CAREY LAND ACT TRANSFORMS DESERT INTO POTATO FIELDS
(Top)-Early potato land had to be flat enough for gravity irrigation.
(Bottom)-Hand potato picking after tractors replaced horses for digging.
The other factor in the failure of the Carey Act was the almost total lack of information as to the available water supply for a particular undertaking. The irrigation engineer was unknown, and comprehensive knowledge of stream flow and annual runoff was almost nonexistent.
According to Mikel Williams, the main problems encountered in the operation and administration of the Carey Act, lack of funds and water, were not inherent defects in the Carey Act itself, but rather the result of poor planning and lack of adequate information.
The most successful and famous Carey Act project was the Twin Falls South Side Project located in Twin Falls and Cassia Counties. The estimated cost of the project was $1,500,000, but the final cost amounted to $3,600,000.
The original proposal was filed in October of 1900 by a group of wealthy financiers from Pittsburgh, Pennsylvania, who had plans for reclaiming some 250,000 acres of land. By 1932, the project was operating efficiently except for some seepage problems and some reconstruction on the Milner Dam. At that time, 192,750 acres had been reclaimed. From the standpoint of the settlers, the construction company and the state, the project was termed a success. The most important contribution of the Twin Falls South Side Project was that it proved that reclamation was feasible on a wide scale. Only one mortgage was given by the construction company and it was soon paid off. The success of this project spurred new Carey Act developments in the state and with them came money and people.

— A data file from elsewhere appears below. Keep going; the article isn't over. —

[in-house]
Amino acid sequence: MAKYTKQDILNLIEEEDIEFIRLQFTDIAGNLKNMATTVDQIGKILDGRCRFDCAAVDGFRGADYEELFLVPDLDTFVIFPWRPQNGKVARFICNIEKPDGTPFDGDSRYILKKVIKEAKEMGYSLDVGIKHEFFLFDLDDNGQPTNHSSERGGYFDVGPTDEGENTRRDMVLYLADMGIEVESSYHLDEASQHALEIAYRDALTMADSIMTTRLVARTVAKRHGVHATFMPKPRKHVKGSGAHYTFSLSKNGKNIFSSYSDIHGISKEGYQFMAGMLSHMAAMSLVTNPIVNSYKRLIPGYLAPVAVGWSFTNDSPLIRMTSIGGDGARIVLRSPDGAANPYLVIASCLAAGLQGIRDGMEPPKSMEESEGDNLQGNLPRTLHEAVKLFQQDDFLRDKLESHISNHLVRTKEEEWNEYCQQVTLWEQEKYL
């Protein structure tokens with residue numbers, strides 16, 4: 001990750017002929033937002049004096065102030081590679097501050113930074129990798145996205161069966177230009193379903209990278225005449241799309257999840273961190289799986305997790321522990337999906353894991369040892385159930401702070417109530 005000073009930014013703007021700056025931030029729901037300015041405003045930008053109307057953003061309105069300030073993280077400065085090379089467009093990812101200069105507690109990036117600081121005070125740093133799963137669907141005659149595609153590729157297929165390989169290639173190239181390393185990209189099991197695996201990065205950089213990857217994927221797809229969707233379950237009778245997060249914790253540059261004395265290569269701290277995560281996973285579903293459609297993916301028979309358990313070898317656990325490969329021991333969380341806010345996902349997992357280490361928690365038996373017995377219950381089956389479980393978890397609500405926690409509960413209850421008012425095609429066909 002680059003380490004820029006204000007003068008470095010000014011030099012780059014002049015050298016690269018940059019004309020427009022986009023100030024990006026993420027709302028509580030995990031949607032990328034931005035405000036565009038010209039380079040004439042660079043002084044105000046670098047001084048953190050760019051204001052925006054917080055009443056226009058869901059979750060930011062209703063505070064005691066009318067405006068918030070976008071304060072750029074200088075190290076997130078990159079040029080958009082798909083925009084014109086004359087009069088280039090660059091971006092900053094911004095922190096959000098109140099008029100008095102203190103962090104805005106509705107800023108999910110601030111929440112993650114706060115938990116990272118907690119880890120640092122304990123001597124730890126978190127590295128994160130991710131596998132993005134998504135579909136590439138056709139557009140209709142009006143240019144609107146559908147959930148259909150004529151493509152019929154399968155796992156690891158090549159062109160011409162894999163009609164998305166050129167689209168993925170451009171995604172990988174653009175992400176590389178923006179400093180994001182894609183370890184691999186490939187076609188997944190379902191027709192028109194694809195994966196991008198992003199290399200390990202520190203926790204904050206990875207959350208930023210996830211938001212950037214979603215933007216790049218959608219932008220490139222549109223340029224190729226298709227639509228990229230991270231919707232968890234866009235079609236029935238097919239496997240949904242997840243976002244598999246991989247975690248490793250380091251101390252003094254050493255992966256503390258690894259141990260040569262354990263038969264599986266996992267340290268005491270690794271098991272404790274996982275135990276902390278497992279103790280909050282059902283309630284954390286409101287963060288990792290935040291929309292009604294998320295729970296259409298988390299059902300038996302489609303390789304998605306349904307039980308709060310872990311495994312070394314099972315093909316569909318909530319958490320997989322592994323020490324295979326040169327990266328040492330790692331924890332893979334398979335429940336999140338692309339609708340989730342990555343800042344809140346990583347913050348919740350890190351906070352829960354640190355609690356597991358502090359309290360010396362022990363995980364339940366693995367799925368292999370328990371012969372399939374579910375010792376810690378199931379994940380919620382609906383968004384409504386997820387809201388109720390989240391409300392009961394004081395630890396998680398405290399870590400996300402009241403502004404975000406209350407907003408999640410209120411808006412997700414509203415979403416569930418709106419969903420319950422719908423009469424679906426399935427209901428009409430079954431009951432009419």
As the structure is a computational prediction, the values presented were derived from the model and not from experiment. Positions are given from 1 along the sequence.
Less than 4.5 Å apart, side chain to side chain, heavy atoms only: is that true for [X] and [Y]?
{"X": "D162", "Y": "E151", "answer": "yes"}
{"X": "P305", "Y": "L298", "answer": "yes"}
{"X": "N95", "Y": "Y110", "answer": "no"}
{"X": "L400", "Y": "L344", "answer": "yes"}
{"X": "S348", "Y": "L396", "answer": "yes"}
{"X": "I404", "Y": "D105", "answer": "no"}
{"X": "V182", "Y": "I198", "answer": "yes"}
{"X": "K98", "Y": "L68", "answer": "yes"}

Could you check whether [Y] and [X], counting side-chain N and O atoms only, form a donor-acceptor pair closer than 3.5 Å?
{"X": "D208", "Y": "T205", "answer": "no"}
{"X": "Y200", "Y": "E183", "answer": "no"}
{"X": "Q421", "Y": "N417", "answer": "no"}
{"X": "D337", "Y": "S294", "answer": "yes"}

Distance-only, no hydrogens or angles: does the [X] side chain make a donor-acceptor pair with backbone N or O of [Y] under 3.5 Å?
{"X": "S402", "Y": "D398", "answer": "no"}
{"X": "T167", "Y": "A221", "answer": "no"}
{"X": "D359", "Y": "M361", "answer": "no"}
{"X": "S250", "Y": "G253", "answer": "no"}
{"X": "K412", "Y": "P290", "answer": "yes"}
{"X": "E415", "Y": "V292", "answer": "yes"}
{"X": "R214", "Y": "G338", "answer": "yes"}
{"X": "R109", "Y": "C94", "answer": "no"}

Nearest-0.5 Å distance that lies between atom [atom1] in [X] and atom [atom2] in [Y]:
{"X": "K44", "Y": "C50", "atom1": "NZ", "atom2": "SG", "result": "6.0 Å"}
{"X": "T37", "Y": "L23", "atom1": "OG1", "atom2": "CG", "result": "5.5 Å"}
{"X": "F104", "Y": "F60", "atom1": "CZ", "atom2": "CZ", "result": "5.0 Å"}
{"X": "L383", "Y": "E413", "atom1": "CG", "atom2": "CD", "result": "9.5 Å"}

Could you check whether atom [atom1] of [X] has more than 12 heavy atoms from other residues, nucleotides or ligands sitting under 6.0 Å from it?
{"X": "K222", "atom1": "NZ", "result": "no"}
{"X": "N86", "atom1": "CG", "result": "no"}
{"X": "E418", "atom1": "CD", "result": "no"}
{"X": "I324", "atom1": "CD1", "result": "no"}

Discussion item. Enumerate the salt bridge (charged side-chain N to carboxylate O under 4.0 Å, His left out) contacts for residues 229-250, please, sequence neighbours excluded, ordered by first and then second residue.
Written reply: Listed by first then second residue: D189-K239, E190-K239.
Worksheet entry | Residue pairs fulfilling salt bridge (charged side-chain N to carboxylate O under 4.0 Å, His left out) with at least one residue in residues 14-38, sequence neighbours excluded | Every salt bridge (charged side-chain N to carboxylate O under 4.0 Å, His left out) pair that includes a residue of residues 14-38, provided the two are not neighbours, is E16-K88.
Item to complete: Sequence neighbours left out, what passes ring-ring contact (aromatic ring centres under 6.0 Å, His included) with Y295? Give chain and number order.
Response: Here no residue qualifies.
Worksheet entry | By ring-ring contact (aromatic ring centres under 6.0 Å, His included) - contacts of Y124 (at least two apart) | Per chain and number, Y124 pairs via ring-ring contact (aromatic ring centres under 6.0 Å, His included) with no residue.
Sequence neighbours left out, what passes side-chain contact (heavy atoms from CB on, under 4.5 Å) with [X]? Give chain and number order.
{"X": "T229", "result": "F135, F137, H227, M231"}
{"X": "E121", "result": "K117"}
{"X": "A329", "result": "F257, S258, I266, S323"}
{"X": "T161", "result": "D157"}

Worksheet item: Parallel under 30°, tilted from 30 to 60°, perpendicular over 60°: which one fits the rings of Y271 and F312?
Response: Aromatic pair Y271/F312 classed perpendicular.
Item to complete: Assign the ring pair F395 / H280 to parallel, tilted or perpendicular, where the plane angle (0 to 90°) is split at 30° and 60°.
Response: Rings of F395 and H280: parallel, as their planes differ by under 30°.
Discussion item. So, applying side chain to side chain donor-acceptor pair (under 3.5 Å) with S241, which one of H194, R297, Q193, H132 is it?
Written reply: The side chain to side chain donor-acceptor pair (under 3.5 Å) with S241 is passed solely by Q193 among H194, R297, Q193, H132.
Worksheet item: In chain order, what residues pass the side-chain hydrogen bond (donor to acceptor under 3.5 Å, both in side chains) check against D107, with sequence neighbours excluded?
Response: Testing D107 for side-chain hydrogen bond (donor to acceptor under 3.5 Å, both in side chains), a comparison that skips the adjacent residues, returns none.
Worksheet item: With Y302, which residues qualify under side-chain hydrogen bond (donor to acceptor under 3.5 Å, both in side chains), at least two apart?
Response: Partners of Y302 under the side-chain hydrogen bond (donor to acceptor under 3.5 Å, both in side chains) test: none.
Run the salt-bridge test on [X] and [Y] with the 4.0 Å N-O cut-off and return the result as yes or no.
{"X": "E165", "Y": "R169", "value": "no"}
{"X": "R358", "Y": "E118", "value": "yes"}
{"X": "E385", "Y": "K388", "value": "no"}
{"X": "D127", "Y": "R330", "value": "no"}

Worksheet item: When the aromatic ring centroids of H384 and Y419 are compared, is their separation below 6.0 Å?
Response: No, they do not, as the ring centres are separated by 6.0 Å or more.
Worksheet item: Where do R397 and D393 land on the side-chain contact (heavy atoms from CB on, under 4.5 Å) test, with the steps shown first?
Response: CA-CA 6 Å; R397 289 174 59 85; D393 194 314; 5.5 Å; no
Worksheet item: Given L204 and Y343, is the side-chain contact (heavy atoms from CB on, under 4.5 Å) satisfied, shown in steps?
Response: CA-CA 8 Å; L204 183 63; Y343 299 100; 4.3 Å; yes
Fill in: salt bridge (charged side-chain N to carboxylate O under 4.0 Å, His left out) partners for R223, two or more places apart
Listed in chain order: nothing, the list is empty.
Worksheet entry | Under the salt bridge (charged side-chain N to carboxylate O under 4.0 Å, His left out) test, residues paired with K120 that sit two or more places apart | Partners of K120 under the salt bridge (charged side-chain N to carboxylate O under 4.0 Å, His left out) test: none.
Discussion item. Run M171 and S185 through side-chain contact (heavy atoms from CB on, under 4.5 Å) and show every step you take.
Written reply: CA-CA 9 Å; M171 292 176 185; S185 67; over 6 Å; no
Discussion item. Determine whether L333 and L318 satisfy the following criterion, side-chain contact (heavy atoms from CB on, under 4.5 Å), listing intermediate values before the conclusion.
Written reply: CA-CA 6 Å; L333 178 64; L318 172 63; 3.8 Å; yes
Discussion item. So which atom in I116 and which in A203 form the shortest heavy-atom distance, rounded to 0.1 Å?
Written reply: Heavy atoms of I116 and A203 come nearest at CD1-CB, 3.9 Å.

The success of the South Side Project was a definite incentive for developers of new projects. Two of the most ambitious promoters were the Kuhn brothers from Pittsburgh. In approximately 15 months, the Kuhns started three Carey Act projects and segregated 199,552 acres of desert land. Each of their projects adopted the name "Twin Falls" in an effort to trade on the reputation of their earlier success.
None of the Kuhn-sponsored projects developed as well as the original Twin Falls project did. Of the three, the Twin Falls North Side Project had the greatest success with patent acres at 178,062.17 after many problems and only a reduction of 85,000 acres from the segregated acreage.